But the changes were effective, and finances began to turn around within the company. Even before Delta began churning out enormous profit, however, it seemed clear that the company was shooting back toward the top of the industry.
“Even though they were not earning billions of dollars like they earn today, you saw them making very rapid improvements,” Kaplan explains.
Perhaps the marquee of Delta’s resurgence was its fight against a hostile takeover attempt by US Airways in 2007. Grinstein rallied his employees against the takeover while using his professional contacts in Washington to prevent the forced merger. In the book, Kaplan describes how the CEO placed a doormat with the US Airways logo outside the executive offices with a sign that read “Wipe feet before entering.”
“Grinstein really did a great job of fanning the flames of the employee resentment against US Airways,” Kaplan says. “He wanted them to hate US Airways, and he largely succeeded.”
Grinstein’s leadership helped not only to stave off the hostile takeover attempt, but to create common ground between employees and management going forward—a rarity in the airline industry.
“It brought them together,” Kaplan says. “It unified the rank-and-file employees with management. All of the sudden, they found themselves not as adversaries, but sitting on the same side of the table.”
Though Grinstein played a major role in the process and remains synonymous with Delta’s turnaround, Kaplan maintains that the company’s success wasn’t carried on the back of one man.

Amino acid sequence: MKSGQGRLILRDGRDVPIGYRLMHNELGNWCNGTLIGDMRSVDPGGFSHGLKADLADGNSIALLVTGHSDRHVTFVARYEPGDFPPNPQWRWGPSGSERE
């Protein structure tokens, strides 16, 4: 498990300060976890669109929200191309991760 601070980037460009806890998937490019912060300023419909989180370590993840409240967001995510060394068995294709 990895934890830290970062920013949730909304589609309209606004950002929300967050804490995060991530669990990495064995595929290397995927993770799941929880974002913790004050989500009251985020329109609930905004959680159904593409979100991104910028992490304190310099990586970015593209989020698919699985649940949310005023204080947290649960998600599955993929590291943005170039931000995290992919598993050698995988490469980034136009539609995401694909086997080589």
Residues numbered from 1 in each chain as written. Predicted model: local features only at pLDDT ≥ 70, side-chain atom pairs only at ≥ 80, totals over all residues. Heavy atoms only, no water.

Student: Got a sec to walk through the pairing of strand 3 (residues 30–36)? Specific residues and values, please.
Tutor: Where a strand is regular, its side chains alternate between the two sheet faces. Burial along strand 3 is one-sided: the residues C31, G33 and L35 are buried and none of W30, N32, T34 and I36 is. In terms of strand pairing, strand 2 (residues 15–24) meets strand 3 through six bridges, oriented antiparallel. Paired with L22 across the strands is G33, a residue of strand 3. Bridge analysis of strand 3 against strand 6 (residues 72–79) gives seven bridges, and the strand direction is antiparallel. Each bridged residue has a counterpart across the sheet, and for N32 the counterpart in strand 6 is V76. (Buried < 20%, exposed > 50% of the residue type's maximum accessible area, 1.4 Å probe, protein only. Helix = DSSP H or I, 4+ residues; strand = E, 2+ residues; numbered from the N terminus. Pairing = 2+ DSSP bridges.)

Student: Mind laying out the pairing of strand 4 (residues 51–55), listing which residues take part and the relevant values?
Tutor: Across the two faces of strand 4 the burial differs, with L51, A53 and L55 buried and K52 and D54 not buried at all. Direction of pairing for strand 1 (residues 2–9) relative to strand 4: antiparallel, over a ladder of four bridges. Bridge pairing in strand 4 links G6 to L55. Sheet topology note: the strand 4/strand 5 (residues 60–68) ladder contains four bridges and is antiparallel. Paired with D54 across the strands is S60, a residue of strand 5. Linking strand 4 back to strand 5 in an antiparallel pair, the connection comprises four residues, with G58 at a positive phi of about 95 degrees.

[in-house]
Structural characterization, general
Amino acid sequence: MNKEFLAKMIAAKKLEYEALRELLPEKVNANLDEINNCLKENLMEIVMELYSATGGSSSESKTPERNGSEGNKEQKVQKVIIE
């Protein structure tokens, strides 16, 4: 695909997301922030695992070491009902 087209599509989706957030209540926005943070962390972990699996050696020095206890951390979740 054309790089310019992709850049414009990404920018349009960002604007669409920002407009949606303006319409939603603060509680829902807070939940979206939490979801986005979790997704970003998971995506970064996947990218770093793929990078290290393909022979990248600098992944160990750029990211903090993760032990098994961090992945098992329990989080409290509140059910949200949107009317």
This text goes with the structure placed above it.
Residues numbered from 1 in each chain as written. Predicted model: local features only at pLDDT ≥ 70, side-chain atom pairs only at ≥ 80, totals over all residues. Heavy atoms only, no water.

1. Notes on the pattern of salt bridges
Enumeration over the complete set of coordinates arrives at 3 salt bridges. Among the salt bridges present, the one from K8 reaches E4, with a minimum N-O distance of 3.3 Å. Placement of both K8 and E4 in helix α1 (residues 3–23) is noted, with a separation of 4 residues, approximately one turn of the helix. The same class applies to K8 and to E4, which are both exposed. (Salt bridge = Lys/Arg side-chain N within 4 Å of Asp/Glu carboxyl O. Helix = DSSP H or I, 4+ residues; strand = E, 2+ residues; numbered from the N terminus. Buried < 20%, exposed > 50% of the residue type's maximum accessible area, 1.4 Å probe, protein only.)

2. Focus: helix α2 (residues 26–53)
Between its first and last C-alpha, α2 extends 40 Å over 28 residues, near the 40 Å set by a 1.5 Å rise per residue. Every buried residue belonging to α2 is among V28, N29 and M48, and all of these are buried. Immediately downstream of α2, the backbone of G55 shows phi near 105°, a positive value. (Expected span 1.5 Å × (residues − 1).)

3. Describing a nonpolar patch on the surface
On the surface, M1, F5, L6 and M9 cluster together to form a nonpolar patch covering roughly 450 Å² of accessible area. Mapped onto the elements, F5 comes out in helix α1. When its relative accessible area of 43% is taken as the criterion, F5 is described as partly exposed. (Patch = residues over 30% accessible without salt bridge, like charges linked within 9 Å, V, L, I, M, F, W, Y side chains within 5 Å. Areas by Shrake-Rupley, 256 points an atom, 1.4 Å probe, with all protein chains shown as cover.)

“It was a series of people and events,” Kaplan explains. “Any time something goes right or wrong, there’s always some combination of good and bad decisions, as well as luck. Delta did, at various points, get lucky.”
Kaplan also emphasizes that the archetypal hero-villain narrative doesn’t apply to the telling of Delta’s turnaround, and that he and Shabat aim to put readers in the minds of executives forced to make adverse moves.
“You come to appreciate a lot of the nuance,” Kaplan explains. “Somebody made a decision that in retrospect looks like a bad decision, but at the time they might not have had any good choice.”
According to Kaplan, many of the decisions that were made during Delta’s post-9/11 and initial bankruptcy phase helped the company years later.
“Sometimes the seeds of a turnaround are sown long before,” he says. “And even back when things were going wrong, there were certain seeds planted, in the area of technology for example, where Delta really modernized itself.”
Delta now reaps the benefits of its long road back, setting the standard in the airline industry today. From a revamped scheduling system to groundbreaking global partnerships and networks, rival airlines continually look to Delta for new ways to improve.
“They are very much the envy of not only the U.S. industry, but also the global industry,” Kaplan says. “The more you talk to people and the more you write, you realize that this is really something special they managed to pull off. It’s the airline that people thought would not survive.”